Hurricane Katrina, One Year Later: Student Evacuee Finds a New Home in Tennessee

KNOXVILLE –- Like other area college students, Daniel Barnes’ life is a hectic blur this August.

Barnes is finishing the summer as a resident adviser at the University of Tennessee and preparing to move into the Occupational Therapy doctorate program at Belmont University.

Still, the start-of-the-semester chaos this year is nothing like what he experienced last August when he was a student at Tulane University in New Orleans.

Barnes, 21, of River Ridge, La., was one of more than 100 students who transferred to UT’s Knoxville campus in the aftermath of Hurricane Katrina. The student evacuees included 85 undergraduates, 14 graduate students and 14 law students, according to Pam Hindle, associate registrar.

Most of the displaced students who came to UT came from Tulane and the University of New Orleans; others came from Loyola University, Delgado Community College, Xavier University, Southern University at New Orleans, Dillard University and Our Lady of Holy Cross College.

Although most left UT-Knoxville after a semester, 20 undergrads, five graduate students and two law students remained for the spring semester.

Barnes remembers how the events of August 2005 changed his life.

“Two days before Hurricane Katrina made landfall on the Gulf Coast, I was helping freshmen move onto campus at Tulane. The administration announced that by 3 p.m. that day, all incoming students must find ways off campus and out of the city or evacuate with the school.”

Barnes packed a couple days worth of clothes for what he thought would be a short stint away from campus until the hurricane threat passed. His grandmother came to get him, and they drove 18.5 hours to his aunt’s house in Warner Robbins, Ga.

“We had to leave my father behind because he was a guard with the Orleans Parish Prison at the time. My biggest concern was my father’s safety. I didn’t think about school until three days later.”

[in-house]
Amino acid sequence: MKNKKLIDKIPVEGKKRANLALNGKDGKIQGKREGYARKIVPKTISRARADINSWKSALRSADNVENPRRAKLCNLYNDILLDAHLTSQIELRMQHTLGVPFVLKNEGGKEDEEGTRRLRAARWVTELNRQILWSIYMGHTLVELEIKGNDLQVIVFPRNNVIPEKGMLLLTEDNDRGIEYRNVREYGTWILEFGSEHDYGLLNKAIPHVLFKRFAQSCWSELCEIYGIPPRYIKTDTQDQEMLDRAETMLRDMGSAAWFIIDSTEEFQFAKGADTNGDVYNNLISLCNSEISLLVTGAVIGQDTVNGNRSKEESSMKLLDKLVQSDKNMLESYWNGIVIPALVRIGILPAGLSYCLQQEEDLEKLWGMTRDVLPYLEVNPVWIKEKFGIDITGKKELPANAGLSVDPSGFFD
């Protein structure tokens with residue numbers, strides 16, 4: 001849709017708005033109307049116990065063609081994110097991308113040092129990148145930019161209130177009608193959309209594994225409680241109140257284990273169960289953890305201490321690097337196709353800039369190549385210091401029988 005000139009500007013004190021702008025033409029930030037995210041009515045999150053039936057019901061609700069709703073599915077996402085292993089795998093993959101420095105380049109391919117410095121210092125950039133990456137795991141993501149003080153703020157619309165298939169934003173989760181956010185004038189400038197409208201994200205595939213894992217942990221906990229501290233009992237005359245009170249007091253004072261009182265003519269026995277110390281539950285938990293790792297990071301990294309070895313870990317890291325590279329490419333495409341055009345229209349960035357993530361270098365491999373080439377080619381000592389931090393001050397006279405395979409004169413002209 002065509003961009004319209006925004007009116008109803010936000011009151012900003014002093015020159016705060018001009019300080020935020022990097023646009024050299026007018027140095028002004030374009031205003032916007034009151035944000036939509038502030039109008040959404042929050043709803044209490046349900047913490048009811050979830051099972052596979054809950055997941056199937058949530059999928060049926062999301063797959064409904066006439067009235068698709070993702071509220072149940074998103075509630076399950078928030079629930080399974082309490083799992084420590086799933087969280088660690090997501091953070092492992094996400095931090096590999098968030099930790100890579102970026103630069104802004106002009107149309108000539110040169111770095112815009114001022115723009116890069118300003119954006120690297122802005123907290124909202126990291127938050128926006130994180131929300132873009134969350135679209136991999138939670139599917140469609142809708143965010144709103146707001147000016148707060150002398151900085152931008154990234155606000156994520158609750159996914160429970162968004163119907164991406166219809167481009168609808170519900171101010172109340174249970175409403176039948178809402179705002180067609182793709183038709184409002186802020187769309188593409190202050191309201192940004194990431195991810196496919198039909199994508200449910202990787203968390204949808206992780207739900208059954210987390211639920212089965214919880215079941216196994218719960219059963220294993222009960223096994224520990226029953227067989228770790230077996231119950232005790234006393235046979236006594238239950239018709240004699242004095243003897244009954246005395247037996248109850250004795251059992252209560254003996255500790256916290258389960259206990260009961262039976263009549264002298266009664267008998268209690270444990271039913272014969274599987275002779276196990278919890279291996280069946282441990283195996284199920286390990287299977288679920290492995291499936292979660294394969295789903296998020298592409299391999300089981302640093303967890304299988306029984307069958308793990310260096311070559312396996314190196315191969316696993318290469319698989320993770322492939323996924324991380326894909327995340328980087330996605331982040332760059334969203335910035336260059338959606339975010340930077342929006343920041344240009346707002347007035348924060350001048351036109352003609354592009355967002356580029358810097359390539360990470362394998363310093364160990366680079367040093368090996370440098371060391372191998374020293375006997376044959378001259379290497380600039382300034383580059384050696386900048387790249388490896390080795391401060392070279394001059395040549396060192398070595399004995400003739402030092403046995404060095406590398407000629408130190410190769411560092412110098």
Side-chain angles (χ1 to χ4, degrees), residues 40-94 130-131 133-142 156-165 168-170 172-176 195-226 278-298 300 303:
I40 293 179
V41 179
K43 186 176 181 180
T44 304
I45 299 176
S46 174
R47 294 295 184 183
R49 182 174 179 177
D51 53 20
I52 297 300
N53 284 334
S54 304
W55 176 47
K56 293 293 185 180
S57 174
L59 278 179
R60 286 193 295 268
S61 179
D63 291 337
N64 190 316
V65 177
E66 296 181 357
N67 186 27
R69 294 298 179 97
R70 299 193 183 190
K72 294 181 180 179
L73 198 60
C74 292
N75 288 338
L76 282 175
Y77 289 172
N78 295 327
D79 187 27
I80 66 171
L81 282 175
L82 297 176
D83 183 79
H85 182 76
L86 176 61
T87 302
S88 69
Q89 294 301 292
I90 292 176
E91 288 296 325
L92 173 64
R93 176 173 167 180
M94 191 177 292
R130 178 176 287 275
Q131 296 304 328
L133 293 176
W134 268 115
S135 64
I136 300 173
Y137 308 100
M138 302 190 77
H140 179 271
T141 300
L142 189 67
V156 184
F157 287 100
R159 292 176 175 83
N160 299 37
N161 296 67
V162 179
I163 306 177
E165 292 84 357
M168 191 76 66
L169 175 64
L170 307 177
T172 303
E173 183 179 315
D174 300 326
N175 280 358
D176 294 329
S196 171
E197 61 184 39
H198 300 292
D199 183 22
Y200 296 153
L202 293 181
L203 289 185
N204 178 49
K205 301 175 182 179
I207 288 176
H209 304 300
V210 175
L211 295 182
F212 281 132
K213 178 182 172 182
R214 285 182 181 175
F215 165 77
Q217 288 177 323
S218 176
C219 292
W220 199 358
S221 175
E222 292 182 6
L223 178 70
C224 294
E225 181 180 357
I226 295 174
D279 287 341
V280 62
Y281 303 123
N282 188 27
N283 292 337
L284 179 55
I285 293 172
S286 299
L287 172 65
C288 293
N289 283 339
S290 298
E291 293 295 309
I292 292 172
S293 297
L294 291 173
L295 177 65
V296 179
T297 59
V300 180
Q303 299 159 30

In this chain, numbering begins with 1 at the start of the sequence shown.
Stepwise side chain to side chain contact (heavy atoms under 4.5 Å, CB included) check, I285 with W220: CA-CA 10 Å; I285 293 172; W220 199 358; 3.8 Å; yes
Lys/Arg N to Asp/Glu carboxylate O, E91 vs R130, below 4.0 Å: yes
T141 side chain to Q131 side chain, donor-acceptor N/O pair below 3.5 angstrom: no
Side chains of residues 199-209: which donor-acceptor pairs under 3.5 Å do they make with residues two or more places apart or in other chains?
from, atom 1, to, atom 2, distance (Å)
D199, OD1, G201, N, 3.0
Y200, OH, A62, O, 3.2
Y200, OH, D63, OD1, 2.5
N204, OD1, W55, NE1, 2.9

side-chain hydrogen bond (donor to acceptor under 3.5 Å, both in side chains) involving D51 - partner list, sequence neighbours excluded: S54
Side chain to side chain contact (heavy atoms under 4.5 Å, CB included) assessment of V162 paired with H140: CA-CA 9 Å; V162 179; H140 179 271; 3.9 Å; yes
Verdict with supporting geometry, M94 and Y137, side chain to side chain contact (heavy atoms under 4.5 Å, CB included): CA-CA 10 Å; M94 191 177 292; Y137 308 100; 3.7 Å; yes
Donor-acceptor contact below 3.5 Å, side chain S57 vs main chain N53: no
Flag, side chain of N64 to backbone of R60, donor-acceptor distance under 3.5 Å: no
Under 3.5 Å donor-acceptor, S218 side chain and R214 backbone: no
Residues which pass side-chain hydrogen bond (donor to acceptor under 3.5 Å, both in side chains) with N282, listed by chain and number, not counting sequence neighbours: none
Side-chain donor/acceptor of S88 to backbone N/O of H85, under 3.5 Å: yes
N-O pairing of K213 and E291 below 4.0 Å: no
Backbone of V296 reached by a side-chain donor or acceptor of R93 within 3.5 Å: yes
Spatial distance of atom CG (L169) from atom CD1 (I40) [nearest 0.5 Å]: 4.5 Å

Once the storm’s destruction was apparent and he knew Tulane would be closed for a lengthy stretch, Barnes decided he’d enroll elsewhere to keep his schooling on track.
He’d looked into the University of Texas and he emailed UT, asking if hurricane evacuees were being offered any assistance. Meanwhile, a friend’s family in San Antonio offered to help him relocate there to attend Trinity College.

“The day before I was supposed to go to San Antonio, I went for a run to clear my head. Listening to my MP3, I didn’t notice the German shepherd behind me.”
The dog bit him, leaving a serious wound, and Barnes had to go to the hospital for treatment.

“I was ordered to rest and go on antibiotics, but moreover, I was told I shouldn’t go to San Antonio where I did not have medical care.”

While he was recuperating, UT officials responded to his queries.

“I was offered full tuition, housing, food and almost everything else that I needed for the first semester.”

Having been very involved in religious activities, including Chi Alpha Christian Fellowship, Barnes called his campus pastor in New Orleans for advice. That pastor put him in contact with a UT campus pastor associated with Chi Alpha Christian Fellowship.

“Through Chi Alpha, I knew I’d found a local ‘family’ that would welcome me in,” he said.
Barnes bought a bus ticket and headed to Knoxville.

Tulane reopened in January 2006, about four months after Hurricane Katrina, but Barnes has felt so welcomed at UT and in Knoxville, that he’s decided to stay.

“Plus, UT had the courses and credits that I needed to finish my undergraduate work and join Belmont University’s Occupational Therapy Doctoral program. My plans are to obtain a doctorate in this field, then go into mission work, and hopefully, mentor young people.”

Barnes is grateful that he and his family survived Katrina and her aftermath. Still, he can’t help but feel frustrated with New Orleans’ slow recovery.

“I feel guilty trying to claim myself as a victim because the Lord provided for me so well,” he said. “It broke my heart to see what happened in New Orleans, a city that I love, but I’m confident it will come alive again.”

Contacts:
Amy Blakely, (865) 974-5034, amy.blakely@tennessee.edu